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Clarity key for Connacht and Dillane

The Westerners were left frustrated by muddled information against Munster.

Image: James Crombie/INPHO

THE ENDGAME OF Connacht’s loss to Munster has been the source of much consternation and introspection over the past week and a half.

The 11-point gap between the teams in the Pro14/12 Conference B stands as a reminder for an all too recent memory of how the western province were unable to turn the screw from five metres out with 15 men against Munster’s 13 and just six points separating the sides approaching the final whistle.

“A lot of frustration because we really felt ‘we’re winning this’ and ‘we’re gonna win,’” said Ultan Dillane looking back on the missed opportunity this week.

Long story short, a case of mixed messages left Connacht between two minds and the last-gasp attack was a botched one.

“There were just different messages being sent around. So then, obviously, the forwards were thinking… ‘by the time we look up it’s going to be a try.’ But then it just ended up a little bit different.

“At least we had a really honest talk about it and we know we just need to be clearer when it comes to that.”

The frustration is clear within Dillane as he points to a similar case during the loss to Bristol. The hope now is that the post-Munster meeting, and a week of clear heads afterwards, will make the decision-making all the sharper whenever a similar scenario presents itself.

“I have no doubt that, if we are in a situation similar to that, I know we will be better equipped to make a collective decision that is decisive,” says Andy Friend.

Whatever that decision is, the head coach stresses the need for a single solution, rather than the muddle that appeared to scupper them against Munster.

“I’m not going to say we should have done something. It’s very easy to make a call from a box…

“We just weren’t decisive. One side thought we were going one way, another the other way, and we ended up doing what we did.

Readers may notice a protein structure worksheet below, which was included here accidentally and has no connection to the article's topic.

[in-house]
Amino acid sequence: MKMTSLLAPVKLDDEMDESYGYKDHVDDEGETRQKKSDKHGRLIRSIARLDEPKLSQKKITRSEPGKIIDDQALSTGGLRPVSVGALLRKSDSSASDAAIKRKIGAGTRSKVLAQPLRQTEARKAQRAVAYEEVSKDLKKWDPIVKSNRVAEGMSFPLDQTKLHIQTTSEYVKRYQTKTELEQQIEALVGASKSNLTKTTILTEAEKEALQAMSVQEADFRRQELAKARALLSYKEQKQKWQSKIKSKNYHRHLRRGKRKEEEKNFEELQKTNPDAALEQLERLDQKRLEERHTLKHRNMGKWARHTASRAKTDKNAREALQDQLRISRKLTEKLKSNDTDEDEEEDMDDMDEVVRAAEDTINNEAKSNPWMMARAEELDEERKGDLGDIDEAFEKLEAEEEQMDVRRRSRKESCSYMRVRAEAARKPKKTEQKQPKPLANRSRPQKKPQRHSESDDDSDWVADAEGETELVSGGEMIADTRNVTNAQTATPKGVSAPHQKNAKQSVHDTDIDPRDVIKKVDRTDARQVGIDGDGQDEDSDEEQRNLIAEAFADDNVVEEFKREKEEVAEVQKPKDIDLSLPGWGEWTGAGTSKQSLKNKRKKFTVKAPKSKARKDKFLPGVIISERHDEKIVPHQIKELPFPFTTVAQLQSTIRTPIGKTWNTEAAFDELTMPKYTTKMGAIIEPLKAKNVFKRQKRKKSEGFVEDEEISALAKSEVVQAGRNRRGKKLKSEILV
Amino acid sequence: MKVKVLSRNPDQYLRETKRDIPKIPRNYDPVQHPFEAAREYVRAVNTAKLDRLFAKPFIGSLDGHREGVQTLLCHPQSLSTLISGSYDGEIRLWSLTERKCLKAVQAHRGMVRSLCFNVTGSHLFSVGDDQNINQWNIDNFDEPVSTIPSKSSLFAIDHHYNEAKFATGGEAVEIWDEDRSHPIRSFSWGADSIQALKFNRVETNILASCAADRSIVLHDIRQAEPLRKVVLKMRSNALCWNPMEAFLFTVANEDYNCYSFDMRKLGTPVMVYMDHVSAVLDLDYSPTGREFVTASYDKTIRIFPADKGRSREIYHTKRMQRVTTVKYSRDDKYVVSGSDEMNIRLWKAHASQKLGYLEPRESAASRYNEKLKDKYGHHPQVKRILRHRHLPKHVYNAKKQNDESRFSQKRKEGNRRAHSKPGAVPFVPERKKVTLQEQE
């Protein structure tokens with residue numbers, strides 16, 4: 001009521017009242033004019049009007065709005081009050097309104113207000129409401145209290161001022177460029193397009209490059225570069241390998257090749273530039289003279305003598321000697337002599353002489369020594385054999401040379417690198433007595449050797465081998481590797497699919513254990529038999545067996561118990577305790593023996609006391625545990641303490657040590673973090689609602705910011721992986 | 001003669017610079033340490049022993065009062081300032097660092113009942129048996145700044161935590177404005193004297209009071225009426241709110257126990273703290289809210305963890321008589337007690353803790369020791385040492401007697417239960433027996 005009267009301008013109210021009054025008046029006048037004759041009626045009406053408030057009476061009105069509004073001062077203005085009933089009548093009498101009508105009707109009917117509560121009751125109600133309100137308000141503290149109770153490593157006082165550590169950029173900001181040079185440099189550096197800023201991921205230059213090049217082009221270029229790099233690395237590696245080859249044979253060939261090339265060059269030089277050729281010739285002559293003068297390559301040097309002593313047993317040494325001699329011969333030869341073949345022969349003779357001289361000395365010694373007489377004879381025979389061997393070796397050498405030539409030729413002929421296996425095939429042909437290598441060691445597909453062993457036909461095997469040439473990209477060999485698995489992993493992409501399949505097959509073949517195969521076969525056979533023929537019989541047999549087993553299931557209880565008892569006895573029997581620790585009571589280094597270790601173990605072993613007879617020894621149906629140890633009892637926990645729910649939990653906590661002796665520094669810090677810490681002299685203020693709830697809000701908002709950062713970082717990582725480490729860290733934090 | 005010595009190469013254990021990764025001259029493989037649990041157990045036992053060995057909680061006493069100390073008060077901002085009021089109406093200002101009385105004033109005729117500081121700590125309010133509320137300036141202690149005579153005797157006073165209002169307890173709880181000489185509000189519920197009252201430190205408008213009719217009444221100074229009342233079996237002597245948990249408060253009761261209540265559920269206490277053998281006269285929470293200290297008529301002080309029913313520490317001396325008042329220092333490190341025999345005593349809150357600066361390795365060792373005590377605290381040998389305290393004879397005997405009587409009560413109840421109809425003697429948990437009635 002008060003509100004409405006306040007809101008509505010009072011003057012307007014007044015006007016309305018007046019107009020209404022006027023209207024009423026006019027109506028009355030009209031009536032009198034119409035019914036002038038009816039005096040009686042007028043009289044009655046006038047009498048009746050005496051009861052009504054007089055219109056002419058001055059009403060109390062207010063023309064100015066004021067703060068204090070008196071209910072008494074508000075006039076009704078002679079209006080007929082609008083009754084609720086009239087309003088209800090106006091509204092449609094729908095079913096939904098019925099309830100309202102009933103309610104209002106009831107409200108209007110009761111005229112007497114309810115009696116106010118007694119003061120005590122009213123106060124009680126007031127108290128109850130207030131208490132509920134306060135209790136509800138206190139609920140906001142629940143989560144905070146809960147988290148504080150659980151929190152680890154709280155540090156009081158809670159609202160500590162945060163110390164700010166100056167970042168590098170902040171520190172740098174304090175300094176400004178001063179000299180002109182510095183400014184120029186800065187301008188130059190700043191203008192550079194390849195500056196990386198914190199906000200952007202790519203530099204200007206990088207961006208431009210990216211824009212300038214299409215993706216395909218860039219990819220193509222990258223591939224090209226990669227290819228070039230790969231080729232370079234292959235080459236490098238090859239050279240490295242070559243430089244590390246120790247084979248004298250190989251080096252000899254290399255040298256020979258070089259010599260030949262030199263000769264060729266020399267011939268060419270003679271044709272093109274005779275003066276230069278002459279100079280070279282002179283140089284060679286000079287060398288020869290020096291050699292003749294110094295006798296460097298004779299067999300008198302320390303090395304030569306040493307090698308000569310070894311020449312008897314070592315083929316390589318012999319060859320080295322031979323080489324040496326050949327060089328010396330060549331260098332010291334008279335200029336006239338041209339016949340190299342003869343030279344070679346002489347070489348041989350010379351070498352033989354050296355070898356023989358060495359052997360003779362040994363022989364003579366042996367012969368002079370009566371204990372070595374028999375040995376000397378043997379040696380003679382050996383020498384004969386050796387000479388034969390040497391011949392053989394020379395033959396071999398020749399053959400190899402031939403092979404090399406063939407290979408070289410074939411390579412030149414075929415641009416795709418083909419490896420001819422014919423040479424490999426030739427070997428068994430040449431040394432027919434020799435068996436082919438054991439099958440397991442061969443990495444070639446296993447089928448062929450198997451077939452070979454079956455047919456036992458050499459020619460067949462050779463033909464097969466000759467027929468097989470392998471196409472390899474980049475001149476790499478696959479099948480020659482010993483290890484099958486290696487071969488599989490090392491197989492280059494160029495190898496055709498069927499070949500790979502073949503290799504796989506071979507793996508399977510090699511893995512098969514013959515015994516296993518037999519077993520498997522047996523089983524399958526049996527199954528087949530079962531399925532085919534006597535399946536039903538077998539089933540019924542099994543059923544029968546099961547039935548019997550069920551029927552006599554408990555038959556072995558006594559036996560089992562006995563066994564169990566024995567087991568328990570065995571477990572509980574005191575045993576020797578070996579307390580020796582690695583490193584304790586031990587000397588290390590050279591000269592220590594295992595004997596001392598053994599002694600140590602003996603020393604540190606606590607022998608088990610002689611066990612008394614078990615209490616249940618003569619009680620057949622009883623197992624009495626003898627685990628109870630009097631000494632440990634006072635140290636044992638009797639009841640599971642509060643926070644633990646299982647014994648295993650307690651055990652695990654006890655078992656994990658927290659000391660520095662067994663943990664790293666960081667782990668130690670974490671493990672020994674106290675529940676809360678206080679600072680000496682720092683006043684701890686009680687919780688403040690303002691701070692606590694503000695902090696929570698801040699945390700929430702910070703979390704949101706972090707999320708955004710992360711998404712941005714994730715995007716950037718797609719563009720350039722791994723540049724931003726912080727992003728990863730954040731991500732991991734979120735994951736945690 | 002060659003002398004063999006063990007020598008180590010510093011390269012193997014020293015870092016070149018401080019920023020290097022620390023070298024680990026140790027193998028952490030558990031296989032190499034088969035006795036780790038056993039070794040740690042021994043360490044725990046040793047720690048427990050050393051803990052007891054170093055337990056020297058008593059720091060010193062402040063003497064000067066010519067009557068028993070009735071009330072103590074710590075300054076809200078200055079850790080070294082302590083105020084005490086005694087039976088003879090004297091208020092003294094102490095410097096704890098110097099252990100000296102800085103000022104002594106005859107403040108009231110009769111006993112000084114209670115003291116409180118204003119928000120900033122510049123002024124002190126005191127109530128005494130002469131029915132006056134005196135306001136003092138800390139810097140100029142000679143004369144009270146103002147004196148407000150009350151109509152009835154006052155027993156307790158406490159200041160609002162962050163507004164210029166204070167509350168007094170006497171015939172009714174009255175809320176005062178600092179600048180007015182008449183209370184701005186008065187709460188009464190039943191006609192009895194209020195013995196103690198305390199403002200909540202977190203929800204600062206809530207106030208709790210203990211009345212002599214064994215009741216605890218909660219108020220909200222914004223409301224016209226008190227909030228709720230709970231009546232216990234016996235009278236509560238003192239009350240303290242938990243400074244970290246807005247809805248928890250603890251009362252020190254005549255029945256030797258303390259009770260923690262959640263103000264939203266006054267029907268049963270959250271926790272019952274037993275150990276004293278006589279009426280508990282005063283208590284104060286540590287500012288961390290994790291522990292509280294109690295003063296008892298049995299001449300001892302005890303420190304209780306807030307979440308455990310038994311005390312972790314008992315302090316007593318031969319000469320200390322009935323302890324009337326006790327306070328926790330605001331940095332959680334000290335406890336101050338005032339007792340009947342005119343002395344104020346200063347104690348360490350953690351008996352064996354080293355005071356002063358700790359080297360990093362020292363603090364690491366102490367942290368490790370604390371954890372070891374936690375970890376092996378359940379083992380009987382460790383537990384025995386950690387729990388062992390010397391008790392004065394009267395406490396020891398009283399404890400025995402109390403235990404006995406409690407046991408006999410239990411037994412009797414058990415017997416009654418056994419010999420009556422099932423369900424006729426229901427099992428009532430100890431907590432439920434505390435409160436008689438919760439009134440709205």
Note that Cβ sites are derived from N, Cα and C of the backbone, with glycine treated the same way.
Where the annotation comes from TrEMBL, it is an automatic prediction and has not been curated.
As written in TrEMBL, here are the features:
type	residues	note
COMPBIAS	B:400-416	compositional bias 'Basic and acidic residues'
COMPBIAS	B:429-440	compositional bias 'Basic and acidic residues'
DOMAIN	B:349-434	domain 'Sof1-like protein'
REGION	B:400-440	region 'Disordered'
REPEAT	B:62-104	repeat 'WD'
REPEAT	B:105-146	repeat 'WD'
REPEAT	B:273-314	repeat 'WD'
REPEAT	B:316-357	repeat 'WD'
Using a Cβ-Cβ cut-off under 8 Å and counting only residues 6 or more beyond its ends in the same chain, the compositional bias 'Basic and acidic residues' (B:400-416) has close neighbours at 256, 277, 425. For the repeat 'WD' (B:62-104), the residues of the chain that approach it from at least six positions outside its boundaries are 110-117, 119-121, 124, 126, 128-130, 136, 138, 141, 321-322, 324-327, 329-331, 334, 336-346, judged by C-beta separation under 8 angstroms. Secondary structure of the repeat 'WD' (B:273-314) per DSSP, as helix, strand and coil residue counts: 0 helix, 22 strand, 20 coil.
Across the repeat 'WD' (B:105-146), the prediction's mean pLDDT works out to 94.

“The other message was that we promised them, ‘we trust you. But just pick one decision, and then as as 15 players back it.’

“And if it doesn’t work, it doesn’t work, that’s fine. But know that we trust you. You don’t need our approval for anything.”

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ultan-dillane Dillane on the run against Munster. Source: James Crombie/INPHO

For his part, Dillane has been inspiring roars of approval from all corners over the past month. The lock has been in excellent form through Europe and the inter-pro window. With the Six Nations just around the corner, he’s not ready to let himself shift focus away from the here and now.

This past year has taught him that there is little point.

“It might have over the years but not any more,” the Kerryman says when asked if an Ireland call-up was on his mind.

“If we play well enough here, you get your merit from that. Your focus can’t be too far ahead like that because that will really wreck you if things don’t go well.”

Similarly, though there is uncertainty felt by so many players over their playing status as contracts come down for renewal, worrying is wasted energy for Dillane, despite his own contract being among the list of expiring.

“It could be a huge issue if you wanted it to be. There are so many people off contract, nearly 23 in our squad. Everyone is in the same boat.

“Every other week you could be coming in going ‘Oh have you been spoken to?’ It’s just a slower year for it and it will happen in its own time. Again, if you’re playing well, you should have nothing to worry about. It’s about maintaining that process.”

Dillane is measured and philosophical about the landscape. An indication of wisdom or 27-year-old maturity perhaps?

“I don’t know. It’s been a weird season.  How many games have been cancelled? This game could still be cancelled. So there’s no point in getting worked up over anything any more.

“You never know what’s coming.”

Ospreys on Sunday with a little luck.

About the author:

Sean Farrell

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